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Discussion Starter · #1 ·
Working on a homework assignment and I am a little jammed up here. I want to have a user enter a date in the format mm-dd-yy and store the month, day and year in seperate variables. I wanted to just see if I could read in the month first, and decided to try it by reading in one char at a time and copying them into the variabl. It doesn't work. Anyone have any helpful advice? :)

Code:
#include <string>

char entry;
char month[3] = ' ';
char day[3] = ' ';
char year[3] = ' ';

cout << "enter date (mm-dd-yy): ";
do
{
   cin.get(entry);
   while(entry!='-')
   {
      strcat(month, entry);
   }
}while(entry!='\n');
 

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Welcome to TSG!!

Congratulations on asking the right question. You would be surprised how many times all of us have seen "this is a homework assignment -- how do I do it" and that's it! We're all happy to help point you in the right direction but don't ask us to do your homework for you.

Now to your question: strtok( ) is your best option assuming that you can guarantee that the user entered the date with '-' separators and not '/' or '.' or whatever. If you're new to programming, get used to the idea of users not doing what they're told. You need to handle any concievable variation in your code so that it doesn't crash when someone does something stupid. If the input doesn't comply with what you're expecting, rejecting it and making the user enter it right is perfectly fine.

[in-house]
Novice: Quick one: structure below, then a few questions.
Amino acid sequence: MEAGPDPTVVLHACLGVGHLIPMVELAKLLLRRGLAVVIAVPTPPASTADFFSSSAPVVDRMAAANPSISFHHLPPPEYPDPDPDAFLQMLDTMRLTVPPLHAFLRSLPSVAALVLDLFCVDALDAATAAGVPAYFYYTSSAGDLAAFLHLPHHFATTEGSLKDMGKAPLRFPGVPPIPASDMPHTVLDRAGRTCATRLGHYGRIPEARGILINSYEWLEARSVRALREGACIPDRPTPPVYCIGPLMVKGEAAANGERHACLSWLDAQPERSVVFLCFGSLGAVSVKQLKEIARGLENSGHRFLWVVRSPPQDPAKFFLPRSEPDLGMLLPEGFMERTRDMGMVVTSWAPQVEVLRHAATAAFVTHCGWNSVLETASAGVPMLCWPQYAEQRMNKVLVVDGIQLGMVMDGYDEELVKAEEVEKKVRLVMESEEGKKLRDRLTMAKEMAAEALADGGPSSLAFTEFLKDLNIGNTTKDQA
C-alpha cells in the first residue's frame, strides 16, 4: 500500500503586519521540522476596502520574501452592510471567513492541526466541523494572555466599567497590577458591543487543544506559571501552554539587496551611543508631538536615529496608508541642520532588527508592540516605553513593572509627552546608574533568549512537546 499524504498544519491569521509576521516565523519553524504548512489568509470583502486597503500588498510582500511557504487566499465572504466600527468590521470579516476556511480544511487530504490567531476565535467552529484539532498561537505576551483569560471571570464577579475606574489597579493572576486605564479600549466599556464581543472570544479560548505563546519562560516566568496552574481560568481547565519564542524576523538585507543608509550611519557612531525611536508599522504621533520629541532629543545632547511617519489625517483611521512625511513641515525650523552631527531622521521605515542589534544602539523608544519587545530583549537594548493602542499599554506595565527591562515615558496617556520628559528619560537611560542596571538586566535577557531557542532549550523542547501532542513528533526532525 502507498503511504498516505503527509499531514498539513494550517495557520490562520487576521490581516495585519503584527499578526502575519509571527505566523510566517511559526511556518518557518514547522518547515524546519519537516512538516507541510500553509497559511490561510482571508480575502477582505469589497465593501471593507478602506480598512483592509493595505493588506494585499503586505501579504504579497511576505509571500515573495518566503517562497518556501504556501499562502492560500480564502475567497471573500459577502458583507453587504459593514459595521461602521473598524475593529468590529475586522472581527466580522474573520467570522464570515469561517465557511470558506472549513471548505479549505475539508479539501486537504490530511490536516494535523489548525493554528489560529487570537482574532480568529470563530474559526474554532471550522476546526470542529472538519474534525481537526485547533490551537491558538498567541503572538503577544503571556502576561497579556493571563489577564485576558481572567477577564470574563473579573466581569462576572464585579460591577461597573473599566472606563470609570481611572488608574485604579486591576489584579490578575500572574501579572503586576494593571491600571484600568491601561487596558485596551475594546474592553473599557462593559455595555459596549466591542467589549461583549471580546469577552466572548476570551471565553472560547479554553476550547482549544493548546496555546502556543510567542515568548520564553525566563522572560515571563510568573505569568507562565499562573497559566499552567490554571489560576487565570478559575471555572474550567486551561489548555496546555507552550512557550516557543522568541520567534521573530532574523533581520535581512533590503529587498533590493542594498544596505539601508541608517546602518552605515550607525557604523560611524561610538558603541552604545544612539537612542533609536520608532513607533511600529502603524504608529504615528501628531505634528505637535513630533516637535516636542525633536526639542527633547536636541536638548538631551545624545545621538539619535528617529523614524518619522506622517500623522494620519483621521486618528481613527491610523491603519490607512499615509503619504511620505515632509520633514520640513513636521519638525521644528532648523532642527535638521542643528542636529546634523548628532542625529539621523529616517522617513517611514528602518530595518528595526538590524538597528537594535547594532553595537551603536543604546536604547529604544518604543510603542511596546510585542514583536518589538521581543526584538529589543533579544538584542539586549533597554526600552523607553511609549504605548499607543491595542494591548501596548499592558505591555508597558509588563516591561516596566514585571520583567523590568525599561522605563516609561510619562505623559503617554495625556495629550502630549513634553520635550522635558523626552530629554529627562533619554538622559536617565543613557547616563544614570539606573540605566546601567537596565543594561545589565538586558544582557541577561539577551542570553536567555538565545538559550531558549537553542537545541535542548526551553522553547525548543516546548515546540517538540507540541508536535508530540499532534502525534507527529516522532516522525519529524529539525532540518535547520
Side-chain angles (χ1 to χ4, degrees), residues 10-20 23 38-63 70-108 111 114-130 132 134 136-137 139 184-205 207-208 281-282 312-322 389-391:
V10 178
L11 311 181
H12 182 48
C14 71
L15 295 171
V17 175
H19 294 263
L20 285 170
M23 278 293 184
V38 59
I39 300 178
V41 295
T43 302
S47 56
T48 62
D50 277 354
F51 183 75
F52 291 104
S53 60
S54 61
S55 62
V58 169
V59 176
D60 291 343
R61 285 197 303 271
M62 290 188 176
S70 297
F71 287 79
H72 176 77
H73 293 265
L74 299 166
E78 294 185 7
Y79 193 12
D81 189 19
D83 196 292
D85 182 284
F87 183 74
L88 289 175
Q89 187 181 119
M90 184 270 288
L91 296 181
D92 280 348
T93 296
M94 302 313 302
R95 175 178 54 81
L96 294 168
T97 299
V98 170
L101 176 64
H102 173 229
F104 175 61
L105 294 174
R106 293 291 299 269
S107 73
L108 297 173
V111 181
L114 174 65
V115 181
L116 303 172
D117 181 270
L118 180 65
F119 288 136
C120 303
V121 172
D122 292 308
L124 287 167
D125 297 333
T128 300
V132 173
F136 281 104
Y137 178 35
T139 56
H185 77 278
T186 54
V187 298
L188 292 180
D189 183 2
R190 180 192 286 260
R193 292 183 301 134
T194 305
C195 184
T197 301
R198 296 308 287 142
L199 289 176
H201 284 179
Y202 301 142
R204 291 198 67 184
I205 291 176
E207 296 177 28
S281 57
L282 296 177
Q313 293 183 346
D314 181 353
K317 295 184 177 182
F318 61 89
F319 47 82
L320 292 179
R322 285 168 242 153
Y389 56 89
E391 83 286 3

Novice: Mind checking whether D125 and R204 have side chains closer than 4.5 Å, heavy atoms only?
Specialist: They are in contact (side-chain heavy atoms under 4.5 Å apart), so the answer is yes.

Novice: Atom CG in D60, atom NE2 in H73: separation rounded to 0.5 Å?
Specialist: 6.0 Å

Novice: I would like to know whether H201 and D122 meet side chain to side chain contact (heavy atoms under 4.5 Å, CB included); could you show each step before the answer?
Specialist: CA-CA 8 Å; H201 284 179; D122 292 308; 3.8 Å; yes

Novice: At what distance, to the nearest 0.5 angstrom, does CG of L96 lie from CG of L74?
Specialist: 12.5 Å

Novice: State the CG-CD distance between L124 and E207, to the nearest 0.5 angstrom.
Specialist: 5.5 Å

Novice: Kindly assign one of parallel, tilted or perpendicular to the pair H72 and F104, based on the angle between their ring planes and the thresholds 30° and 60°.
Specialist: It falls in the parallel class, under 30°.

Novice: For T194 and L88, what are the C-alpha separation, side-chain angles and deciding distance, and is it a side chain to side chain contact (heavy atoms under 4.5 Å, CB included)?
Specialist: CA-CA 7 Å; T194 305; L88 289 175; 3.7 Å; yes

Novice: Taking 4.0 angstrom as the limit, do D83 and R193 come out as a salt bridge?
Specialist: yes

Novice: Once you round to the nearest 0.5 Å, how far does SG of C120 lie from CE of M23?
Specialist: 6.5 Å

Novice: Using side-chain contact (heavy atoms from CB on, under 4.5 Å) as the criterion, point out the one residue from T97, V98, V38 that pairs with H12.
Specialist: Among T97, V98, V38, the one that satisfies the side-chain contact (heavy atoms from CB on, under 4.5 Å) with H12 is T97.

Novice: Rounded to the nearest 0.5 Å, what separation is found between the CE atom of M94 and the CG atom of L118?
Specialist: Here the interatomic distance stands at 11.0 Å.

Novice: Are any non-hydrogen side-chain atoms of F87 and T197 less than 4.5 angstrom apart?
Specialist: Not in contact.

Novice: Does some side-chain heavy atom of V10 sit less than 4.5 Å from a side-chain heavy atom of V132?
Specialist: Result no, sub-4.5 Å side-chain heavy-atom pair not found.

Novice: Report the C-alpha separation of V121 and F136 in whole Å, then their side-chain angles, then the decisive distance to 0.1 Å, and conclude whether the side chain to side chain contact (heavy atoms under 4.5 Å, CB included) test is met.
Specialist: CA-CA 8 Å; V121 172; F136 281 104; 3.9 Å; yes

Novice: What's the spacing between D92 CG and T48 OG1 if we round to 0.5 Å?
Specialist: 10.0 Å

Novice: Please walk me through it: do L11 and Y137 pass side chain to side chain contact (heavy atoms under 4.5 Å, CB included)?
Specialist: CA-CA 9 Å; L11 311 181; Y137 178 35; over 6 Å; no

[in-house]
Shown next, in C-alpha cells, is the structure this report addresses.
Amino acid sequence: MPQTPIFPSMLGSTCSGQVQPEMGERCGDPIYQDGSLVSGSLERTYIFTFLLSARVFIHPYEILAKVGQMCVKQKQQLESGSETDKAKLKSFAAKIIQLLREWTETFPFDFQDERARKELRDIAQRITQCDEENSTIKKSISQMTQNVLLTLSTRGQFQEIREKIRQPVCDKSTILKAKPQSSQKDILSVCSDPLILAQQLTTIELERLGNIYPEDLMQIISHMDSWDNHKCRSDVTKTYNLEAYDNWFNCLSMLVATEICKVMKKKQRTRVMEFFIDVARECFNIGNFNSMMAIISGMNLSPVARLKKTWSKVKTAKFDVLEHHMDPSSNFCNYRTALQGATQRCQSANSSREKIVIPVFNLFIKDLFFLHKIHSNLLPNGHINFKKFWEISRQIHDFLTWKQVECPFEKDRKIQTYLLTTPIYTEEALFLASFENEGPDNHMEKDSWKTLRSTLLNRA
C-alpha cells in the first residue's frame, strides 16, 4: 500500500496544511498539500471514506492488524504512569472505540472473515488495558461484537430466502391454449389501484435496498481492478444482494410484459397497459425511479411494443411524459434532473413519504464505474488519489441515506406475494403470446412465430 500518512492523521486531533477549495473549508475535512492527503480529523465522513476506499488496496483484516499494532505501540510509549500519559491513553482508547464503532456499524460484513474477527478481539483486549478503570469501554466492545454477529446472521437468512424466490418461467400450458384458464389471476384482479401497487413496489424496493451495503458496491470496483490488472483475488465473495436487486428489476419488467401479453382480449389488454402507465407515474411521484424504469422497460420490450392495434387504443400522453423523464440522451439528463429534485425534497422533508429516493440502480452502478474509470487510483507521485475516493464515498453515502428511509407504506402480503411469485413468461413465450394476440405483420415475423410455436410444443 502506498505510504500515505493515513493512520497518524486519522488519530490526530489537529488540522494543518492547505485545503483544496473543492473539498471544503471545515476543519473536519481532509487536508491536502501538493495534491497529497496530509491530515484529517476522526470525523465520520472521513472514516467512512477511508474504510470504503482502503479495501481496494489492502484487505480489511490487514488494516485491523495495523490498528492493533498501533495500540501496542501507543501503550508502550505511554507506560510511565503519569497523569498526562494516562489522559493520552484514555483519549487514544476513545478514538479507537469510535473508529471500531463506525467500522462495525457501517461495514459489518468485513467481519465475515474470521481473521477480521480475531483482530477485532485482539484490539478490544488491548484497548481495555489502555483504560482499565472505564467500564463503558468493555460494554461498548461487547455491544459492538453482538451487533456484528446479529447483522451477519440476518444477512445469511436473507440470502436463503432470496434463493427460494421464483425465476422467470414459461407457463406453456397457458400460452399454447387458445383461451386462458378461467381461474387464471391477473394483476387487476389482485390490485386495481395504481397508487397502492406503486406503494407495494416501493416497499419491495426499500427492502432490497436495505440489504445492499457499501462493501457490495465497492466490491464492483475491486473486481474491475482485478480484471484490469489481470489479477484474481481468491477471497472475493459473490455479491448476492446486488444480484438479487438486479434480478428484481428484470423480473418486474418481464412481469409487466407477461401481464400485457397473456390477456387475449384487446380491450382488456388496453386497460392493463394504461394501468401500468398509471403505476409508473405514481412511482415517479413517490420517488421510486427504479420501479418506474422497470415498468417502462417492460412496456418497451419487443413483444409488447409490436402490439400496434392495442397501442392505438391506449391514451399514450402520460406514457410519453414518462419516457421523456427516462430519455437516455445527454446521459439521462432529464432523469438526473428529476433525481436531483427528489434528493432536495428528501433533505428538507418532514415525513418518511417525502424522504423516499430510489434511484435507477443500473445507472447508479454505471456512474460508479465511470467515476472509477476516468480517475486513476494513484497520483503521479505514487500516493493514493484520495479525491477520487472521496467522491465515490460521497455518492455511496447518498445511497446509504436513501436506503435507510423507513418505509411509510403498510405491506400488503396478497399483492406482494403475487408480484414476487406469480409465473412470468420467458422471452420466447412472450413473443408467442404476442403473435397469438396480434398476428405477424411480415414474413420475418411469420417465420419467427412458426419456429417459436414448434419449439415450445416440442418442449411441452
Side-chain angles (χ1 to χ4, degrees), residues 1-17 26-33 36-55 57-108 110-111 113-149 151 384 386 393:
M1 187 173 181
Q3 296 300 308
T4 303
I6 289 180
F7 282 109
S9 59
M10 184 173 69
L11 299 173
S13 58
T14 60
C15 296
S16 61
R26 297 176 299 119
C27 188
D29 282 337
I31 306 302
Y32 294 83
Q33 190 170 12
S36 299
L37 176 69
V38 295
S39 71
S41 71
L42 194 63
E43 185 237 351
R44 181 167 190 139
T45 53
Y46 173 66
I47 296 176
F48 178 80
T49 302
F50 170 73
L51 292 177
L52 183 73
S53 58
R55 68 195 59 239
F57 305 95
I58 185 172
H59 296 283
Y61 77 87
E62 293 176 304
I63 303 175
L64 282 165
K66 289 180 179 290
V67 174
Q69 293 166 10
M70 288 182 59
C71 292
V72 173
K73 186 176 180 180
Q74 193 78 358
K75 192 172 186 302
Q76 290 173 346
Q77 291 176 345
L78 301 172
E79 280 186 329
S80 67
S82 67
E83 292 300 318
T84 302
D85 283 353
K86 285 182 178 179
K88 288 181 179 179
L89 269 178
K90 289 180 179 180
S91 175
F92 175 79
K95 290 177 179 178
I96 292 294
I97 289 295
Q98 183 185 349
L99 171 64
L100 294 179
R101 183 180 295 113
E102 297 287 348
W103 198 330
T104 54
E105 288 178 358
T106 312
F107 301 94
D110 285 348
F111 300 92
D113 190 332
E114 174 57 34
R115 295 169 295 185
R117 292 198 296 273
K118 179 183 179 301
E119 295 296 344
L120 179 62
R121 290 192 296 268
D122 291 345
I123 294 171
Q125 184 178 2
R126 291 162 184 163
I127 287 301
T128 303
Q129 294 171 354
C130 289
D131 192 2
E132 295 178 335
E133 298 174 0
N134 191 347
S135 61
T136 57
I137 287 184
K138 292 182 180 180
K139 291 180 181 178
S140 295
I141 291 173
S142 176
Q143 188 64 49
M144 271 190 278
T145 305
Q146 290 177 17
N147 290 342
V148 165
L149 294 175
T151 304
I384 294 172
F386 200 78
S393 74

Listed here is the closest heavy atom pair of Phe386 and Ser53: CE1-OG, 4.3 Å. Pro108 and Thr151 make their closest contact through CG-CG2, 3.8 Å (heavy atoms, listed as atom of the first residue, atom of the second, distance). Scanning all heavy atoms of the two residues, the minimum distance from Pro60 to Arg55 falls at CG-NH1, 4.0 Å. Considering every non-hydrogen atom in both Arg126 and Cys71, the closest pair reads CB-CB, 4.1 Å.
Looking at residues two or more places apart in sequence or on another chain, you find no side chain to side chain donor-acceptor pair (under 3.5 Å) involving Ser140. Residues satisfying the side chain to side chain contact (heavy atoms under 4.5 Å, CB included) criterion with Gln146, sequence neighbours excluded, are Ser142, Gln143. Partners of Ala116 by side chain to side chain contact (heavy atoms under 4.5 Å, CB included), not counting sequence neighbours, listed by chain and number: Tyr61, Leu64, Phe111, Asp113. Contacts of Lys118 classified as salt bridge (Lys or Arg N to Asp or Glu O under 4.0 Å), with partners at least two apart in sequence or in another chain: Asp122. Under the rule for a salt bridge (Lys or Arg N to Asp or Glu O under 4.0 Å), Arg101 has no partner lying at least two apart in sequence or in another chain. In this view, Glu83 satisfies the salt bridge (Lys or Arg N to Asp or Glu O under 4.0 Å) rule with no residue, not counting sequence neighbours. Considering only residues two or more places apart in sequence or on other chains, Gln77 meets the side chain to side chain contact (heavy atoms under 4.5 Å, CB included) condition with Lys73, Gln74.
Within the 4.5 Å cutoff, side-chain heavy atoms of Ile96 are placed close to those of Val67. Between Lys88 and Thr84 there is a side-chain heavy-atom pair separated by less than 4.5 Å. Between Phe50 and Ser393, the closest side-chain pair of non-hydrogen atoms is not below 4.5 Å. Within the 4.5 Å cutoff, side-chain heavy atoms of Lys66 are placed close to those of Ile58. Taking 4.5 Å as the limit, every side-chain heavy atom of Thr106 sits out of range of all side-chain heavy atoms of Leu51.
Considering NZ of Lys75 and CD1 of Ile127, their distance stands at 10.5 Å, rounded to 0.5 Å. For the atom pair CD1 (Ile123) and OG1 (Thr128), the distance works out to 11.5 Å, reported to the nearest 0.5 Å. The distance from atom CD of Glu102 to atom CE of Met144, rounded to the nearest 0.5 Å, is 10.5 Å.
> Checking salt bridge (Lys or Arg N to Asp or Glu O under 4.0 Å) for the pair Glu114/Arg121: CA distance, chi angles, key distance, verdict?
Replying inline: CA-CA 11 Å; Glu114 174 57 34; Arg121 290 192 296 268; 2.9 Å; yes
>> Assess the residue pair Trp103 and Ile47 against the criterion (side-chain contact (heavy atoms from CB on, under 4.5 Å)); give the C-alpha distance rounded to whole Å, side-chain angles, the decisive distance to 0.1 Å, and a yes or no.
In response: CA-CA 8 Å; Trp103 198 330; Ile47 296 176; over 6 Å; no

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BTW -- strtok( ) is an ANSI C function which you will be able to use in C++ but there may be another way too. Some of the more experienced C++ developers here may be able to help with that.
 

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You could also use "_getch()" which will read in one character at a time from the keyboard. This would give you a lot of control over what is input and could even offer a way of not needing the user to input any separator characters at all. It may be offered as simply "getch()" with no underscore depending on which compiler you are using.

Note _getch() does not echo its input to the screen so you must arrange to do this yourself. You could use putchar(ch).

Another useful function you could use here is "isdigit(ch)" which returns nonzero if ch is a digit 0-9, or zero if ch is anything else.
Code:
if ( isdigit(ch) )
   "ch is acceptable, process it";
else
   "warn the user and get it again"
or code to that effect. :D

Which approach you use will depend on how advanced you are in your course and consequently what you have covered. There is no right or wrong, only what you can make work or not.

And congrats for approaching the subject of help the way you did. It is easy to post that what was advised is too far ahead of you and you couldn't get it to work, someone will always then offer a little more under those circumstances. :)